Psychotherapy has no universal definition so I can only attempt to describe what it is for me:

It’s a relationship where I take a genuine interest in your life and how you experience it. I am present, non-judgemental and empathic. I seek to create safety and to meet you where you are, whether sad, excited, angry, anxious, worried or even bored.

Every way of being has meaning and interest for me. I might sometimes focus on the content of your story or history (recent or past) but will often focus on the process of your being – that is, how you think or act or make sense of and meaning in the world, how you are physically, what matters to you most, who matters to you, what is missing from your life. How do you stop yourself from being true to yourself? What are your unfulfilled hopes and wishes? These questions arise naturally as part of an ongoing discussion – an enquiry into a person’s life. You will slowly develop an understanding of who you are and how you are in the world in a way which facilitates change. Occasionally we might use creative means such as visualisation, dreams, writing or drawing. Above all, this is led by you, at your own pace, albeit supported and intervened by me along the way.

In terms of training, I am influenced by gestalt and existential theory and themes. This means that I work with my client in the here and now, challenging fixed (unhelpful) beliefs, assisting the client to know how they are as distinct from how they could be and to understand their choices in maintaining particular patterns. I believe that as humans we are constrained to certain similar traits – we care about others (or what they think of us), we seek meaningful existence in an often meaningless and chaotic world, we want our lives’ to matter in the light of our mortality or temporality.  Above all, we are anxious not because we have some kind of mental illness – but because we are all the above, free to choose our own path and hold ultimate responsibility for this yet have no road map and no knowing exactly what to do for the best and when the journey might end.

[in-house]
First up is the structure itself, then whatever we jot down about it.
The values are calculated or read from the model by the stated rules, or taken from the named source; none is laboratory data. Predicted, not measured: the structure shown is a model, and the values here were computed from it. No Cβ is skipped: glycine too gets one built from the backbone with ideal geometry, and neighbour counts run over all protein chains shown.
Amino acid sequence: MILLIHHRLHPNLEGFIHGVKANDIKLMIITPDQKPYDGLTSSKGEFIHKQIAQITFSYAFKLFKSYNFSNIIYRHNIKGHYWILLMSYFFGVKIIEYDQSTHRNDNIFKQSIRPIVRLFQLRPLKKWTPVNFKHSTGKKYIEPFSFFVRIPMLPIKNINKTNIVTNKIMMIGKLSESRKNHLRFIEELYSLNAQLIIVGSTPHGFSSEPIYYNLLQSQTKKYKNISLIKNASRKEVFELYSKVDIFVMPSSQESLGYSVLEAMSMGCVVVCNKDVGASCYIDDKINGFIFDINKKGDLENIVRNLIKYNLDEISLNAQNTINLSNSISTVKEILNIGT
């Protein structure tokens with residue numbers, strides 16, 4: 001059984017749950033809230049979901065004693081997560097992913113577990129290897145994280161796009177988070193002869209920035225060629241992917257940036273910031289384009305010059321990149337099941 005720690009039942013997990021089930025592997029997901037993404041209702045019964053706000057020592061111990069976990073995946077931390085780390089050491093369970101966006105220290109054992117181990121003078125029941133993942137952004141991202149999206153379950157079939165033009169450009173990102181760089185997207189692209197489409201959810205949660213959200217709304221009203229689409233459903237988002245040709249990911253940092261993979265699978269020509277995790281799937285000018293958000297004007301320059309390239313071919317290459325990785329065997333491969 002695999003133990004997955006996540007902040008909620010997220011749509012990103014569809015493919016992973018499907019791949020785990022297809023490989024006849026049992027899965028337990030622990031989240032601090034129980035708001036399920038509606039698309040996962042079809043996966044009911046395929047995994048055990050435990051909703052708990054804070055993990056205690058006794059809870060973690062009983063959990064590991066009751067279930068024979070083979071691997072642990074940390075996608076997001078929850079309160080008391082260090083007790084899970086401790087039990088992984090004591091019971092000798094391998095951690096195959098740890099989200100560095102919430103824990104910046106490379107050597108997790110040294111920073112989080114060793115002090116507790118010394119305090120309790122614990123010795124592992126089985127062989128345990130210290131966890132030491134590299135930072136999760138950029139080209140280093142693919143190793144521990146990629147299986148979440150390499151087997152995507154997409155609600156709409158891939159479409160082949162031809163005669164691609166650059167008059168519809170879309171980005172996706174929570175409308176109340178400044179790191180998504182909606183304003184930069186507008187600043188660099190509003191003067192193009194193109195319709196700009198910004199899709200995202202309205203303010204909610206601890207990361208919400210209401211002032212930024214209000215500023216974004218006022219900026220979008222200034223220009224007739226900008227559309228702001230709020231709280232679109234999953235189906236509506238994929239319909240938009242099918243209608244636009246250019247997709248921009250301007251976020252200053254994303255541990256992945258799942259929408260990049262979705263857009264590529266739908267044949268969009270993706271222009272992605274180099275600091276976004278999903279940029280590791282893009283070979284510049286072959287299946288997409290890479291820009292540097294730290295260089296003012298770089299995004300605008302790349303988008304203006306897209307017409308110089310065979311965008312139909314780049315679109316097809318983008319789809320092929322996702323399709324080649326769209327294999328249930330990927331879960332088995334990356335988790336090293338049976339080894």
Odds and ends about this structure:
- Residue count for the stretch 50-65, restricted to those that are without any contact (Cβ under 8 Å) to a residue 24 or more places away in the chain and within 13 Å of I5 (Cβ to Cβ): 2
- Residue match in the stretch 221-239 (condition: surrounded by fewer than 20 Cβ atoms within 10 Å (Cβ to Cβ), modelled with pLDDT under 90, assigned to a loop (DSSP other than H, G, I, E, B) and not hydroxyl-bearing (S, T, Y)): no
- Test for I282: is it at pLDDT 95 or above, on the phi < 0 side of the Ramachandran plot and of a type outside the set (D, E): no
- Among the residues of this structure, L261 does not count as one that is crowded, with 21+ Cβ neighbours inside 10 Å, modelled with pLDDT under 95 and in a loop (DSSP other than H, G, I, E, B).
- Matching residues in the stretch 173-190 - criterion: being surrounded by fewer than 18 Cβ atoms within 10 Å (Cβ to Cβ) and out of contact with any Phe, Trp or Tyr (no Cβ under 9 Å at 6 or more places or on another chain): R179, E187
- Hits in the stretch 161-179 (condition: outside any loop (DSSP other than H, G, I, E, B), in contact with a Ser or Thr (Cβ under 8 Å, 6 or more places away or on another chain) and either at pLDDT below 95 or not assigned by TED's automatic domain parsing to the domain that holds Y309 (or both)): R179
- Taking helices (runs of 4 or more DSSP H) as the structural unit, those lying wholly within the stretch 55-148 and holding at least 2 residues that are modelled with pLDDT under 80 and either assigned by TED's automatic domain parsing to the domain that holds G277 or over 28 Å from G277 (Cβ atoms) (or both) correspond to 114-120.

What Is Psychotherapy?

Dr. James Bugental, Existential-Humanistic psychologist (Author of The Search for Authenticity, 1965).

“Psychotherapy is not what you think. It isn’t the healing of an illness. It isn’t guidance from a wise counselor. It isn’t the mutual sharing of a good friend. It isn’t learning about esoteric knowledge. It isn’t being shown the error of one’s ways. It isn’t finding a new religion. Psychotherapy isn’t what you think.

Psychotherapy is not what you think. It surprises people because it is not primarily about your childhood… or about what has hurt or traumatized you… or about the germs in your body… or about destructive habits you’ve acquired… or about negative attitudes you carry… Psychotherapy is not WHAT you think. It is HOW you think. It calls attention to unrecognized assumptions in how you think. It makes a distinction between what you think and how you do that thinking. It is less concerned with looking for causes to explain what you do and more concerned with discovering patterns in the meanings you make by what you’re doing.

Psychotherapy is about how you think. It is about how you live with your emotions. It is about the perspectives you bring to relating with the people who matter. It is about what you aspire to in your life and how you may unwittingly make it harder for yourself to reach those goals. It is about being helped to see that the change you seek is already within you. It is coming to recognize and appreciate the spark of something eternal that is your core.

Psychotherapy is not about what you think; it is about how you live with yourself right now.”

Excerpt from the Prologue to “Psychotherapy Isn’t What You Think” (1999, pg. 15) by Dr. James Bugental.

 

Out beyond ideas of wrongdoing and rightdoing there is a field. I'll meet you there. Rumi

Therapy takes place in High Wycombe on Mondays and Tuesdays and in Reading on Thursdays and Fridays.  

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